There really should be a rulebook for Treble’s Album of the Week. It’s not completely sacred, as evident in EPs and reissues being previous choices, but those were mere technicalities that no one else would have picked up on. So, when it came time to decide what to do with Les Savy Fav’s Inches, I was faced witha dilemma. Does a singles collection really count as an album, or am I cheating? In this case, I’ll go out on a limb and say it totally counts.
Inches was conceived by these smart-assed Brooklynites well before they recorded any proper albums. Starting with “Blackouts on Thursday”/”Rodeo,” the band conceived a clever and progressive idea to release a regular series of seven-inches, each one on a different label, all with corresponding cover art. Though it took seven years to complete, the end result is a glorious work of art, and (depending on how you look at it) the band’s best album.
Tracked from newest to oldest, Inches shows a reverse evolution of the band’s wiry post-punk sound. Some of the more recently recorded songs are their best, displaying more complex song structures, wittier lyrics and a more ambitious approach. The first ten songs are unstoppable, whether it’s the keyboard bleeps of “Meet Me in the Dollar Bin,” the roots-rock riffs of “Fading Vibes,” the eerie melodies of “Hello Halo, Goodbye Glands” or the transformation from bouncy, screwball ditty to post-punk raveup on “Yawn, Yawn, Yawn.” They’re all badass.
Earlier material, like the aforementioned “Blackouts” and “Rodeo,” as well as “Bringing Us Down” and “Our Coastal Hymn” are placed at the end of the album, ending the celebration with four blasts of raucous punk. Though not as evolved as the first half, per se, they’re nothing to be fucked with.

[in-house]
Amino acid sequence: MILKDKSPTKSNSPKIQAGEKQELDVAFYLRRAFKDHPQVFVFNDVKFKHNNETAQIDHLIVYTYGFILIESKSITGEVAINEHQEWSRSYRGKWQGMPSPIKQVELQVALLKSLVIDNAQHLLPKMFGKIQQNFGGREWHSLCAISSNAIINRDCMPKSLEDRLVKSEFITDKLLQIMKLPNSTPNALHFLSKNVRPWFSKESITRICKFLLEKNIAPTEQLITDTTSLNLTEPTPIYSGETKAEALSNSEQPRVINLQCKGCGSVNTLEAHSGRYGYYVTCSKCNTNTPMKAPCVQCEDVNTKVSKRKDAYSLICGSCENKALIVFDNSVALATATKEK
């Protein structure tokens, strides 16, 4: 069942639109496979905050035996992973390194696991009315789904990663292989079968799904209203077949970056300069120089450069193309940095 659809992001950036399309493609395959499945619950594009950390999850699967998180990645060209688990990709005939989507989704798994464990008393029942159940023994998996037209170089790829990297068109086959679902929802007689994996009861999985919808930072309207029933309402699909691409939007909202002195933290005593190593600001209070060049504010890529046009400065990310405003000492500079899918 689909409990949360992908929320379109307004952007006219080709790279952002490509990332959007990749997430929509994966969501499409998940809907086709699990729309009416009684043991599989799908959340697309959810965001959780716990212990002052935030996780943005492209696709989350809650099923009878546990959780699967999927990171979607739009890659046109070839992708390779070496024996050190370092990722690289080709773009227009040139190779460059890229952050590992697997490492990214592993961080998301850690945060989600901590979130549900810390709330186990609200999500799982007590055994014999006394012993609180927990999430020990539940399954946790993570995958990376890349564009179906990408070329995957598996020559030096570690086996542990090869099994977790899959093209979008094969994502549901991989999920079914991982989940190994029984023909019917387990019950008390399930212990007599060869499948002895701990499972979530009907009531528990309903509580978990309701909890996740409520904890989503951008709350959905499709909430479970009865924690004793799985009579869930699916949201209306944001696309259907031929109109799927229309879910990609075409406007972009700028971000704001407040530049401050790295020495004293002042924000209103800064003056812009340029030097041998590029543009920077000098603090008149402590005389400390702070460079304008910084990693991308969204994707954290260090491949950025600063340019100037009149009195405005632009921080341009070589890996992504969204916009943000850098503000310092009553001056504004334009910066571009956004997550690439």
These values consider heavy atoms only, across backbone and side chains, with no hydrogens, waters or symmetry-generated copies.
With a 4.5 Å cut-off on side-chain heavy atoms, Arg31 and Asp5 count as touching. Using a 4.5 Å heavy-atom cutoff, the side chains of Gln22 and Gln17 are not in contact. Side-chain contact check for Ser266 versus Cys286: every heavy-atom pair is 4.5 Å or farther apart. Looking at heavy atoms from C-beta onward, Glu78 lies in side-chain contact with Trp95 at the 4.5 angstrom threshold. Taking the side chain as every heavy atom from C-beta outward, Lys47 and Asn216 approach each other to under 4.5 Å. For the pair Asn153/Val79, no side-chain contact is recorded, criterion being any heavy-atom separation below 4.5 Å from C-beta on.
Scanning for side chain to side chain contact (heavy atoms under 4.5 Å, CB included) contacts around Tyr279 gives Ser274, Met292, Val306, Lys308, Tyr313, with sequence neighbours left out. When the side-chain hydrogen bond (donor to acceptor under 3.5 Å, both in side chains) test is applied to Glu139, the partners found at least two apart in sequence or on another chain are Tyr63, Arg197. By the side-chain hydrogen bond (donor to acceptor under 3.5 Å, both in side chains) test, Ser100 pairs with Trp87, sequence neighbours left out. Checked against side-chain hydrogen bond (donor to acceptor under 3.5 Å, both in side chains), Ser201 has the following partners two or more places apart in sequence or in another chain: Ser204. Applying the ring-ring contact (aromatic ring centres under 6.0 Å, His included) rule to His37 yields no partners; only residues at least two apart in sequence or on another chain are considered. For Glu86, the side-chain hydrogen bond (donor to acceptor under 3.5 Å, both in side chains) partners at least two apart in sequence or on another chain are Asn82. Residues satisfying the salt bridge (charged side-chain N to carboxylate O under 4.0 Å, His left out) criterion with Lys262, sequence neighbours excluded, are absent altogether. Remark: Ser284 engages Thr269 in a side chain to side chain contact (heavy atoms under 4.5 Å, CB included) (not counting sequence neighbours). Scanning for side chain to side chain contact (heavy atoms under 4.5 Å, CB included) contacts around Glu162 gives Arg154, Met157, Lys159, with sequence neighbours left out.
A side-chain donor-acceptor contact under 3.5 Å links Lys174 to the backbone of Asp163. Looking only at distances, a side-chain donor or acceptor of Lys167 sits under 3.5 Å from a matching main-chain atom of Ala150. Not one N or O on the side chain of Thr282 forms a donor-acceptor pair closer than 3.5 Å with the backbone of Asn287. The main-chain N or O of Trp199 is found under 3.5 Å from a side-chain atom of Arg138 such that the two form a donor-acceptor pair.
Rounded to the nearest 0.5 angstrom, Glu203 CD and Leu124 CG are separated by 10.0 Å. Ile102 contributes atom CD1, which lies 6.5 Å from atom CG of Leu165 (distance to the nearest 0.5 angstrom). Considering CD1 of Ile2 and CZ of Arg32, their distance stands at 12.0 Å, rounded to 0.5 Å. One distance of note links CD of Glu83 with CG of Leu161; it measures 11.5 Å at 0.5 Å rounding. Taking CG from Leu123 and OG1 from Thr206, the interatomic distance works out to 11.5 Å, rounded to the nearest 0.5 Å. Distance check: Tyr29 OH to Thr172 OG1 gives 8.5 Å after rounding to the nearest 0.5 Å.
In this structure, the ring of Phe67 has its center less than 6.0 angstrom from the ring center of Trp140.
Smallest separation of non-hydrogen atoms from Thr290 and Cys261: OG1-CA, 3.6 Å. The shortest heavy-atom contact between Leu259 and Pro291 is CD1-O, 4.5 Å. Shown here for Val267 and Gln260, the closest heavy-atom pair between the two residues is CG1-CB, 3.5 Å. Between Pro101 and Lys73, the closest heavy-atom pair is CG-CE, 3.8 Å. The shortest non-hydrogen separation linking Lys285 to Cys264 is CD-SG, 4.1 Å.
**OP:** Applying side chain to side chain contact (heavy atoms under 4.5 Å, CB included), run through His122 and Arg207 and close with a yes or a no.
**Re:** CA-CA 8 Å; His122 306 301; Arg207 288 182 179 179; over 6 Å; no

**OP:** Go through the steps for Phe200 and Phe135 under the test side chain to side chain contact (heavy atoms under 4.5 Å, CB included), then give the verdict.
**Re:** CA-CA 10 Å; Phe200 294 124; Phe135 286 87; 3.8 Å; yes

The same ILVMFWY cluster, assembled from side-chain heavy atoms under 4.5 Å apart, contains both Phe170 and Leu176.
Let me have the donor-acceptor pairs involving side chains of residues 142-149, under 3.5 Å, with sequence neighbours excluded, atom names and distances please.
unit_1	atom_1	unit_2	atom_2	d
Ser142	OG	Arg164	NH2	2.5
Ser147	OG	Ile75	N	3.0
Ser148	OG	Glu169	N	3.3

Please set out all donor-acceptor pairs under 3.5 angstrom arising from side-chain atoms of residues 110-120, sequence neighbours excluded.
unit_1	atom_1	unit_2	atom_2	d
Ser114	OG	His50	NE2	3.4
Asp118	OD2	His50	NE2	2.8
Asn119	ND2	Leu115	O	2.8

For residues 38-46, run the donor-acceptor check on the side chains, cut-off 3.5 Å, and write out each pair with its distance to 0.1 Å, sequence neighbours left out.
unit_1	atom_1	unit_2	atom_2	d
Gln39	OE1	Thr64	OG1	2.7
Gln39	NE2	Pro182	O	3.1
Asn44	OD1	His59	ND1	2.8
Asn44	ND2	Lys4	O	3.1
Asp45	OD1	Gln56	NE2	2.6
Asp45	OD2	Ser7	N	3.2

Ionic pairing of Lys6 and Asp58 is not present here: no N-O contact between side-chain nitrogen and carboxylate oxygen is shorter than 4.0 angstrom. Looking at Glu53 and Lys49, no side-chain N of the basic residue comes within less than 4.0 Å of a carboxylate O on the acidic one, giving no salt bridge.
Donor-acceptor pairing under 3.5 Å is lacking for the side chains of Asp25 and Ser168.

The most impressive A-side/B-side combo, and best two tracks overall, are the amazing “The Sweat Descends” and “Knowing How the World Works.” Here, singer Tim Harrington and guitarist Seth Jabour give it their all. In the former, Jabour approximates a ballsier Edge, all digital delay and depravity until Harrington meets a crash of bass and distortion with his cry of “wake me up when we get to heaven!” The latter, however, is a sassy dancepunk song, and infectious as Les Savy Fav’s singles come. Though catchy and seemingly under control, the whole song starts to fall apart around the four-minute mark, each sound getting lost in utter chaos. Fantastic.
Some material on Inches is forgettable, like the fuzzy demo of “Reprobate’s Resume” and near-inaudible live recording of “Reformat,” but with so much music on this collection, a few bad eggs don’t ruin the bunch. The inclusion of “Reformat (Dramatic Reading)” makes a good break, mid-album, though it is incredibly bizarre and may have you laughing out of discomfort.
It’s no great stretch to call Inches a concept album of sorts, though certainly an unconventional one. It is, however, Les Savy Fav’s most impressive work to date. As Harrington puts it plainly in “Meet Me in the Dollar Bin,” “We got old, but we got good.”
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Jeff Terich is the founder and editor of Treble. He's been writing about music for 20 years and has been published at American Songwriter, Bandcamp Daily, Reverb, Spin, Stereogum, uDiscoverMusic, VinylMePlease and some others that he's forgetting right now. He's still not tired of it.